Anti-smoking drug backed by health experts

Anti-smoking drug with suicide links backed by health watchdog

Smokers who want to quit should be prescribed a controversial drug that has been linked to suicides, the Governments health watchdog said yesterday.

The National Institute for Health and Clinical Excellence (Nice) recommends all smokers be offered Champix, which trials show can double their chances of kicking the habit.

The team who made the decision said they were being ‘cautious’ because the full side effects are not yet known, but have already said under-18s or pregnant women will not receive the drug.

Christine Owens, from the Roy Castle Lung Cancer Foundation, who sat on the committee, said research had shown that the use of anti-smoking drugs at the same time as support to change behaviour was the best way to help smokers quit.

She conceded that the committee was ‘aware’ of the possible link to suicide but added: ‘It is a clinical judgment and [this drug] should not be given to anyone where there are any concerns or people who have suicidal thoughts.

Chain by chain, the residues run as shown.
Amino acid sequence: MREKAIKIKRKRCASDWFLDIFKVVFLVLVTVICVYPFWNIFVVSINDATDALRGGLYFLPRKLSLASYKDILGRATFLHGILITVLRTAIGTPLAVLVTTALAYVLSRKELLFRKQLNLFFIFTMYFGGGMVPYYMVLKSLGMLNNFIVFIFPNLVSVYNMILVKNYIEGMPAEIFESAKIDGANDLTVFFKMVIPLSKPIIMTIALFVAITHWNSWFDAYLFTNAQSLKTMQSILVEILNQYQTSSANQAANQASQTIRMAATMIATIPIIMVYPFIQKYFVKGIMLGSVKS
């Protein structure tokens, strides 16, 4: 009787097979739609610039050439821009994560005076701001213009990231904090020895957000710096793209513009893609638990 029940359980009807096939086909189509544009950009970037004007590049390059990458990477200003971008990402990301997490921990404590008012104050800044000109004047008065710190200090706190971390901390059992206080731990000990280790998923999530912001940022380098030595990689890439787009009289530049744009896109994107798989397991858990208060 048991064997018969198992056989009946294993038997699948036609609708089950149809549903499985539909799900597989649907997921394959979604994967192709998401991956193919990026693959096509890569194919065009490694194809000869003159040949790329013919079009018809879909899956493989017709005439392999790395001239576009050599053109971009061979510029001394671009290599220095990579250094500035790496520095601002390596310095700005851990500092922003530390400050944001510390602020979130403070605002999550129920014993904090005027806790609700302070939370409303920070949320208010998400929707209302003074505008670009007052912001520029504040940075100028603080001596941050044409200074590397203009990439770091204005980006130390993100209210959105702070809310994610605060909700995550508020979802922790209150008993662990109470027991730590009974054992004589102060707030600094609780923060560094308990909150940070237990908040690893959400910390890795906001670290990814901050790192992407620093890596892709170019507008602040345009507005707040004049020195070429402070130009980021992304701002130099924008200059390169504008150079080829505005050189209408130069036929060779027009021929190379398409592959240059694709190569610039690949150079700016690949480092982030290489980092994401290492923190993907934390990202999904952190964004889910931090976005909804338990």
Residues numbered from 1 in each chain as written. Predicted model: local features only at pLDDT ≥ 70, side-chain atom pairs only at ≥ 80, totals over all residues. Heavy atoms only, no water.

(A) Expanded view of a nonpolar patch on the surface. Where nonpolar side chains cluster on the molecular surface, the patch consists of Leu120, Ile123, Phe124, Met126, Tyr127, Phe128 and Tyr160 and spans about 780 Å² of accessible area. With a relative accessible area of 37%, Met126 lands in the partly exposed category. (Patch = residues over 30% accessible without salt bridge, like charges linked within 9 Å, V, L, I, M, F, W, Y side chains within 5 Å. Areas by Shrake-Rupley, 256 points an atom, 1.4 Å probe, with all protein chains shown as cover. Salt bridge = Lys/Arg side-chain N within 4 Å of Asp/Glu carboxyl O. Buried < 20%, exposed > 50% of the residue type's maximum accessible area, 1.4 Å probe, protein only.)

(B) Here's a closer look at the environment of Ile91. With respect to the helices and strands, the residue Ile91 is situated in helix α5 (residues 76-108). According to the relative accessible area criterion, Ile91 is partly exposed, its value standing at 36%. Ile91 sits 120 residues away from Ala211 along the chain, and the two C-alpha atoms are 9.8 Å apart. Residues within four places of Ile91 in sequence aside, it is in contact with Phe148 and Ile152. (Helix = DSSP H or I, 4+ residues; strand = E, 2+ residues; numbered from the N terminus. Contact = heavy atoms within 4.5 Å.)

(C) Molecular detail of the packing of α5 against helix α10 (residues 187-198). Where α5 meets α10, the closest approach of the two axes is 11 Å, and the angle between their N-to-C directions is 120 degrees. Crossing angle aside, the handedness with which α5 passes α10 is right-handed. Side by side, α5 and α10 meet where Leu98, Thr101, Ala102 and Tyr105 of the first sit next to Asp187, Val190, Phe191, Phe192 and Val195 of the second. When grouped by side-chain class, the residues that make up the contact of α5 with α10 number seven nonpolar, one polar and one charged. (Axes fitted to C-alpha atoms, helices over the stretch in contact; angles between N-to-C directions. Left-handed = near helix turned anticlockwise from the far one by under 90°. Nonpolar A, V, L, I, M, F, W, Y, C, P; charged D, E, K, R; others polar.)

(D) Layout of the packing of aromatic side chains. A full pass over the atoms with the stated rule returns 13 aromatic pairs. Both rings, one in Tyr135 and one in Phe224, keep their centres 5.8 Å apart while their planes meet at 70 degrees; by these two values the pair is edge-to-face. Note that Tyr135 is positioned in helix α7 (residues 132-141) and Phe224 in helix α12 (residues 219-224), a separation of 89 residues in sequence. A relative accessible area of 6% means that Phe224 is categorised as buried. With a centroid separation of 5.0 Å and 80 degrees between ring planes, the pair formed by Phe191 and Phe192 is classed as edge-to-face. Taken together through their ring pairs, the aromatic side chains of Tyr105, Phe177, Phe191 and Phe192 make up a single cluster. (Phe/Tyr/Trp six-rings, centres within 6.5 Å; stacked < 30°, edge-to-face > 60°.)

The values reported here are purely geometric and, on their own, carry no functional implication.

‘However, there is an argument over whether people have suicidal thoughts because they have given up smoking or because of drugs.’

The European Medicines Agency, which licenses Champix, has ordered that a safety warning be included in patient information after officials in America linked the drug to 37 suicides.

A spokesman for Pfizer, the drug’s manufacturer, welcomed Nice’s decision and said although symptoms of depression had been reported in some patients taking Champix, no causal link has been established.

He added: ‘Smoking cessation, with or without treatment, is associated with nicotine withdrawal symptoms and the exacerbation of underlying psychiatric illness.’

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